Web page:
I have 2kg of wholemeal flour which is going to expire in Oct and 2 jars of home-made pandan kaya which have short shelf life, that's the reason I came out with this - Pandan Kaya Wholemeal Roll. (So HHB, if you are reading this post, I am answering to your question. )
(By the way I always buy Prima brand wholemeal flour from supermarket, I didn't seem to see other brand on the shelf. If you also like to bake with wholemeal flour, please share with me your favourite brand and where you got it. Thank you in advance.)
The last time I made bread roll was in May 2009 (refer to Walnut & Raisin Cinnamon Roll), this explains my uneven (aka ugly) rolls (full of excuses, haha)(I am that type of person who everything wants fast fast type, basically I just want to quickly roll the bread and pop it into oven and enjoy the hot bread in 15-20 mins time . I am shame that I don't even try to improve my shaping skill!)
I omitted the egg wash as I preferred my bread to be rustic looking.
Cosmetics issue apart, I am quite happy with this batch of wholemeal rolls. Though the wholemeal flour ratio is 35% the bread turned out to be fluffy and soft, even after 2 days. I particularly like the nutty texture.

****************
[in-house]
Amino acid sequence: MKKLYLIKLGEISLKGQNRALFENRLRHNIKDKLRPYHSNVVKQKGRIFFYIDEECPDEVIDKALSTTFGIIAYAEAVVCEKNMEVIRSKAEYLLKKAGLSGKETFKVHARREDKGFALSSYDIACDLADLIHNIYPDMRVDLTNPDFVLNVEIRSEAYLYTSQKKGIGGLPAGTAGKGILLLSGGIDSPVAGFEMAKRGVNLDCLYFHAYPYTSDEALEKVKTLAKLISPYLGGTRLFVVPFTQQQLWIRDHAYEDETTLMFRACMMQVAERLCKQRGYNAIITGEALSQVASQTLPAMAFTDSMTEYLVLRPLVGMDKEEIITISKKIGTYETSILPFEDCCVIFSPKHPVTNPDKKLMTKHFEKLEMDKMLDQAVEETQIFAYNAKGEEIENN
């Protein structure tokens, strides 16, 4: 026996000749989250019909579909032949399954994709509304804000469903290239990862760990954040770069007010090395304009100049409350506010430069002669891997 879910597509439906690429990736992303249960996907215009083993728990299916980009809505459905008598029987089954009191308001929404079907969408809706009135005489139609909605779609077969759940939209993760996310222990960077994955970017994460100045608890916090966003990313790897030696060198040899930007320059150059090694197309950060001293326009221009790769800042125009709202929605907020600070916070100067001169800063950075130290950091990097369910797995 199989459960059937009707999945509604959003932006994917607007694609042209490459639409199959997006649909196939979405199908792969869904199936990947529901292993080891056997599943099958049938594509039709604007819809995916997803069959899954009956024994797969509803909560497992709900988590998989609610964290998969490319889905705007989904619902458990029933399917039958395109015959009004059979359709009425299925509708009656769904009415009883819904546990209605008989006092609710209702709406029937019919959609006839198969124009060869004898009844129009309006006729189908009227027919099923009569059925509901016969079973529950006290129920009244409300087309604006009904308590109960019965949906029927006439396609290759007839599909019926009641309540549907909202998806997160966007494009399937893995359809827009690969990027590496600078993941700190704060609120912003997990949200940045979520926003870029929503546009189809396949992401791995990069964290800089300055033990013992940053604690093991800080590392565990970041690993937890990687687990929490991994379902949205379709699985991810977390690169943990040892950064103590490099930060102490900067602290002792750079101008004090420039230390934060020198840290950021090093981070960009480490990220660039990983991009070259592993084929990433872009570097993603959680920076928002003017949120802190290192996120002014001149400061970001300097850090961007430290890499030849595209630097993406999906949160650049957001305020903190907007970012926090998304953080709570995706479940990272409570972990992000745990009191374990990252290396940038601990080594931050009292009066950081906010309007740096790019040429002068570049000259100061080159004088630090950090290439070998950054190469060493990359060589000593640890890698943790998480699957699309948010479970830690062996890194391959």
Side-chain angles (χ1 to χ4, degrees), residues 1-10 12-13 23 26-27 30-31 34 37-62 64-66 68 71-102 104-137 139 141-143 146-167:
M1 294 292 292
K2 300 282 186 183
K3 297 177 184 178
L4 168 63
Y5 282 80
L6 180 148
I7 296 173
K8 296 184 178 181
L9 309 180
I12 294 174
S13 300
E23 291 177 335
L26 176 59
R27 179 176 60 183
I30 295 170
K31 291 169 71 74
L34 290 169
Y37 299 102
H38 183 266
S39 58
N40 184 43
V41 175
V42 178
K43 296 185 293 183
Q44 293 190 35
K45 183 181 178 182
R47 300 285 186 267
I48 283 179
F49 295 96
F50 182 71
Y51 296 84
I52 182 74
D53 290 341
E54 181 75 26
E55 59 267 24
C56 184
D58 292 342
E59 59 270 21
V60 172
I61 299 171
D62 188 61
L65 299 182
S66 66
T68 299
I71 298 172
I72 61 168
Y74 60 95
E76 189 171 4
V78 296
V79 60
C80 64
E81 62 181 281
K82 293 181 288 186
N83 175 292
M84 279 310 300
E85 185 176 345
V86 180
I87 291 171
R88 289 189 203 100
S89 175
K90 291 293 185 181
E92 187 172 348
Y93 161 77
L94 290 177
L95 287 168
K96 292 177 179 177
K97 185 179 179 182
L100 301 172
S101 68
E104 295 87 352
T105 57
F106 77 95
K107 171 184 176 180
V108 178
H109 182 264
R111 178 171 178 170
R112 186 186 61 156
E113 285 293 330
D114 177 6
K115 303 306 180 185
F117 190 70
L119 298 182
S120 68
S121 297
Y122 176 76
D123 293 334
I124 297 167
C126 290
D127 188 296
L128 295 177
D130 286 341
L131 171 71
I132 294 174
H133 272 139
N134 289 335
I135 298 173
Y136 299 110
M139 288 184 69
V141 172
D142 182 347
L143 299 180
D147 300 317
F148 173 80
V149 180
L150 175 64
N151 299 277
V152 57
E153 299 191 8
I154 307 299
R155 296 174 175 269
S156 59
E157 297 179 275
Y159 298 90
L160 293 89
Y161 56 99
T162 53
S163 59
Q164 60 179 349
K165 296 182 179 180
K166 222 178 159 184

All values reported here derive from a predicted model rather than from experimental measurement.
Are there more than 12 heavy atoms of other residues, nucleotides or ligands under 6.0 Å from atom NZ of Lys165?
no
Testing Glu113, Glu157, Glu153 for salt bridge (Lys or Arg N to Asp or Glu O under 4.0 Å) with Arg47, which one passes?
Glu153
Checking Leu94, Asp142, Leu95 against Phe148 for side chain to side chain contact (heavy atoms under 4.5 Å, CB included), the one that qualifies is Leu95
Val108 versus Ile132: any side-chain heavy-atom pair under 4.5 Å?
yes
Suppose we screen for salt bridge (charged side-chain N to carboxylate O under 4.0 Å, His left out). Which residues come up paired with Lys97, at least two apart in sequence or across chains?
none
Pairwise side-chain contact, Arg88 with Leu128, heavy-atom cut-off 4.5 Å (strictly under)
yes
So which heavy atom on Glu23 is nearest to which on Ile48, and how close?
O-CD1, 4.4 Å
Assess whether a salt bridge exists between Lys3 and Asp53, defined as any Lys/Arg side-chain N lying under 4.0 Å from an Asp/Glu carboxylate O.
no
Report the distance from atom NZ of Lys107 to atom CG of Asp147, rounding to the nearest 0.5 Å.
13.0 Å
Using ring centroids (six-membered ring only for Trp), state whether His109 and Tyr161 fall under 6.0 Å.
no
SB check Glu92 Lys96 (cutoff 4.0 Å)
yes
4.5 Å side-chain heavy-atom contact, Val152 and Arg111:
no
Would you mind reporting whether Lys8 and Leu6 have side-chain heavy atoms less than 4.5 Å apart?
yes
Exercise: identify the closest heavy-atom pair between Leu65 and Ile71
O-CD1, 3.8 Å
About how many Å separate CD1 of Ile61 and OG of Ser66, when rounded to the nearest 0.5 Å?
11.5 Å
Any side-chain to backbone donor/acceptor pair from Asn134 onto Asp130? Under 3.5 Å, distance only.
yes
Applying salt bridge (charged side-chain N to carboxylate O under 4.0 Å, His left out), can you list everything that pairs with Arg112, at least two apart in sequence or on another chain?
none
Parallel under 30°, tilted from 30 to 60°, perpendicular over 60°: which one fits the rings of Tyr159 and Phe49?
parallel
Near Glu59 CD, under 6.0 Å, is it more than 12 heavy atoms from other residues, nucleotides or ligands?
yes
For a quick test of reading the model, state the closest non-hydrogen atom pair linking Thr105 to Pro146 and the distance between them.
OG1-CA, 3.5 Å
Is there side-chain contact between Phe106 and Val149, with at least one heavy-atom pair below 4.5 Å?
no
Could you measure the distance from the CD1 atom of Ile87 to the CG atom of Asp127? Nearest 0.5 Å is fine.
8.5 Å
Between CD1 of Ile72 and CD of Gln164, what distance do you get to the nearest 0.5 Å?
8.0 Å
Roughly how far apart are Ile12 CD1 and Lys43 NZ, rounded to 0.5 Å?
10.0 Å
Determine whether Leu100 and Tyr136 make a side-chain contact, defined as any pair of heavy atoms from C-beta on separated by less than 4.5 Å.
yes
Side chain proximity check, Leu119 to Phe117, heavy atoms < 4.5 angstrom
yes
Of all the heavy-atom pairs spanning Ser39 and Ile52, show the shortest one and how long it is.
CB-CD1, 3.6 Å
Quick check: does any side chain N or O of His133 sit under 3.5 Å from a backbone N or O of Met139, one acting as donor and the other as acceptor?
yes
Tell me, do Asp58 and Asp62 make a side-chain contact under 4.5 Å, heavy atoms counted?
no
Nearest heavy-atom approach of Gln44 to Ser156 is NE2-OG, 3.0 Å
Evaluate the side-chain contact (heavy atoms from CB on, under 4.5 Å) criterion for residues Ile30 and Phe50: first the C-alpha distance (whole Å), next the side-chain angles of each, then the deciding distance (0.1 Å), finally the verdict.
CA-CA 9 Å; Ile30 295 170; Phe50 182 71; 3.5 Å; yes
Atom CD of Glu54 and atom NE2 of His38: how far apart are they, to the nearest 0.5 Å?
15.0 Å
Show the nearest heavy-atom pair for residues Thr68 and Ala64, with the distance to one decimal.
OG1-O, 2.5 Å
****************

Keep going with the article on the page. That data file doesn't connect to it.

1 cup (240ml) cold milk
2 tbsp honey
1 tbsp sugar
1 tsp salt
2 tbsp olive oil
250g bread flour
130g wholemeal flour
1 tsp instant yeast
Adequate Pandan Kaya (I used Home-made Pandan Kaya)
1) Mix all dry ingredients in a mixing bowl. Make a well in the centre, pour the wet ingredients the well. Mix the ingredients to form soft dough.
2) Turn out the dough onto a lightly floured work surface, continue to knead until the dough becomes smooth, elastic and non-sticky.
3) Form the dough into round ball, place it into a big mixing bowl and cover with cling wrap, let it rise in room temperature for about 60 mins or till double in size.
4) Punch out the gas in the dough. Turn the dough onto a lightly floured work surface. Roll out the dough into a big rectangle (about 25x30cm) with a floured rolling pin. Spread kaya on the dough (avoid 1cm from the edge). Roll up tightly to form a long log (like making swiss roll). Pinch the dough to seal the seam tightly.
6) Cut the roll into 9 equal pieces (mine is not equal). Place the small rolls in a greased or lined 20cm square pan. Cover with cling wrap and let it proof for 50 - 60mins or till double in size.
7) Bake in preheated oven at 180C for about 15-20 mins. Remove bread from pan immediately and cool on wire rack.
1) I used the "Knead" function of my bread machine to do the kneading.
2) During second proofing I kept the dough inside the oven with a cup of hot water.
There is a great tip shared by HHB in her blog on how to get even rolls. To get even rolls, use a dental floss to slice the log. Position a long string of dental floss under the log, hold the two free ends, criss-cross over the top of the log, pull the two ends to cut the roll.